Decked out in dark, skinny jeans, a tank top underneath a cardigan, brunette ponytail, and cherry red canvas sneakers, Tina Goldacker blends right into the group of Bloomsburg University students who have crowded around her in Starbucks. The 21 year old paces up to the counter, and places her order for a Tazo Chai tea latte in perfect English. While Tina appears to be your average American student, her background may surprise you.
Tina grew up in Chemnitz, Germany and has joined the Bloomsburg University community this semester as a foreign exchange student. While this is not her first visit to the states, (she spent her senior year of high school in Salem, Oregon) her experience this time around has given her a deeper appreciation of her home country and broadened her horizons.
As we nestle into a corner, away from the hustle and bustle of caffeine-craving students, Tina begins to describe the differences between American schooling and her German education. In between sips of coffee, she states that, “University in America is like high school for me because you get so many [homework] assignments, [lots] of group work, and projects. In Germany, you go to class and take a final, but that is it. You don’t [take] tests during the semester [and] there is only one grade.” Despite the increased workload, however, Tina admits that she enjoys her Public Relations class as well as Mass Communication and Popular Arts.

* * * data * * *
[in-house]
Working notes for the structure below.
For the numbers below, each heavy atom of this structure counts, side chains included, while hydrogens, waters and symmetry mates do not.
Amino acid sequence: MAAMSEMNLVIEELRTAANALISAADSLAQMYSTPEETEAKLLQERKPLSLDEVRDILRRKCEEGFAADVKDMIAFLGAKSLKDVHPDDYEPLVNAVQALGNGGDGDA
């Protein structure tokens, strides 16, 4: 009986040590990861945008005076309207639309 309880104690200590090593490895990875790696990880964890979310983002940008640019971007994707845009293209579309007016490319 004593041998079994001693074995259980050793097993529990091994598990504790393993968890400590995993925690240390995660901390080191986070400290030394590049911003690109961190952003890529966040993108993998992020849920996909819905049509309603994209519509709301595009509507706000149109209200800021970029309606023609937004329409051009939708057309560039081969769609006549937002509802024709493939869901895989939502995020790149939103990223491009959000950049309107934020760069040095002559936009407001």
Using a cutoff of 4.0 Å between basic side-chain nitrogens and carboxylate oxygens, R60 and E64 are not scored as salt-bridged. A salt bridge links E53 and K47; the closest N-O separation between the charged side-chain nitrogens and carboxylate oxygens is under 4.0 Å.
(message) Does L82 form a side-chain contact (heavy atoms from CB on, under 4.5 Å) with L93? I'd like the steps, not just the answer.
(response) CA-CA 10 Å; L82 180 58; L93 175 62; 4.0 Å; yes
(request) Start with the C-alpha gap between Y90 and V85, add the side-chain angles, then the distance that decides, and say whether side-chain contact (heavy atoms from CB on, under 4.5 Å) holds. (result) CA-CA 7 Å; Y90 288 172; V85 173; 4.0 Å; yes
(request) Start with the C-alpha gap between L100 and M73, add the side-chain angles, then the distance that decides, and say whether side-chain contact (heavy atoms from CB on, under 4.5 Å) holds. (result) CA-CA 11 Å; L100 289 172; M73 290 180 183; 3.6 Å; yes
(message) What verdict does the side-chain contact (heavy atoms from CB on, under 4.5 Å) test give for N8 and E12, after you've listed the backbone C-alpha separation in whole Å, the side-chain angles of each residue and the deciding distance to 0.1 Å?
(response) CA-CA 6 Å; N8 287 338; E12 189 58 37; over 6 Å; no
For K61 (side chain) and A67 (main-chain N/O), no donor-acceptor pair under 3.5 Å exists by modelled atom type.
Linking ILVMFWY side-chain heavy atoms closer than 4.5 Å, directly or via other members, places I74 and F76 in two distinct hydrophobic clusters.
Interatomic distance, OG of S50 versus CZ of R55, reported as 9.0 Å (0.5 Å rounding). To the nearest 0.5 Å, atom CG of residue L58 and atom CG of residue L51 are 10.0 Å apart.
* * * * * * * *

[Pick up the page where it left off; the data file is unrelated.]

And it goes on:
The differences between Tina’s new and past life exceed further than simply academics. When asked how she liked Bloomsburg, Tina openly voiced her opinions asserting, “there is not much to do [here]. There are two bars which are not very classy [and] I don’t like the trash, pop charts music they play.” Furthermore, she stated that at parties, people act like “high school kids” and get “ridiculously drunk.” In addition, “the food in the restaurants is not very good,” and she “sometimes feel[s] weird dressing up for school, which is normal in Germany, [because] people [here] go to class in sweatpants and crappy shirts.” All in all, as a foreigner, Tina feels as though “there is not much culture to Bloomsburg.”
While Tina said that she likes “the friends [she’s] made so far and the house [she’s] living in downtown,” she has “learned to appreciate [her] home country very much because of the differences in living here.” The young woman glances around the packed coffee shop and continues, “it would have been more helpful living in a bigger city or town [because it allows you] to be more independent.” This doesn’t go to say that Bloomsburg hasn’t taught her any valuable lessons. Her time here has improved her English skills, “widened [her] horizons, and made [her] more valuable to future employers.”
As the two of us swig the last of our coffee, Tina announces that she has to run. I thank her for her time and she excuses herself. She glides out the door, turns around and says, “Auf Wiedersehen.”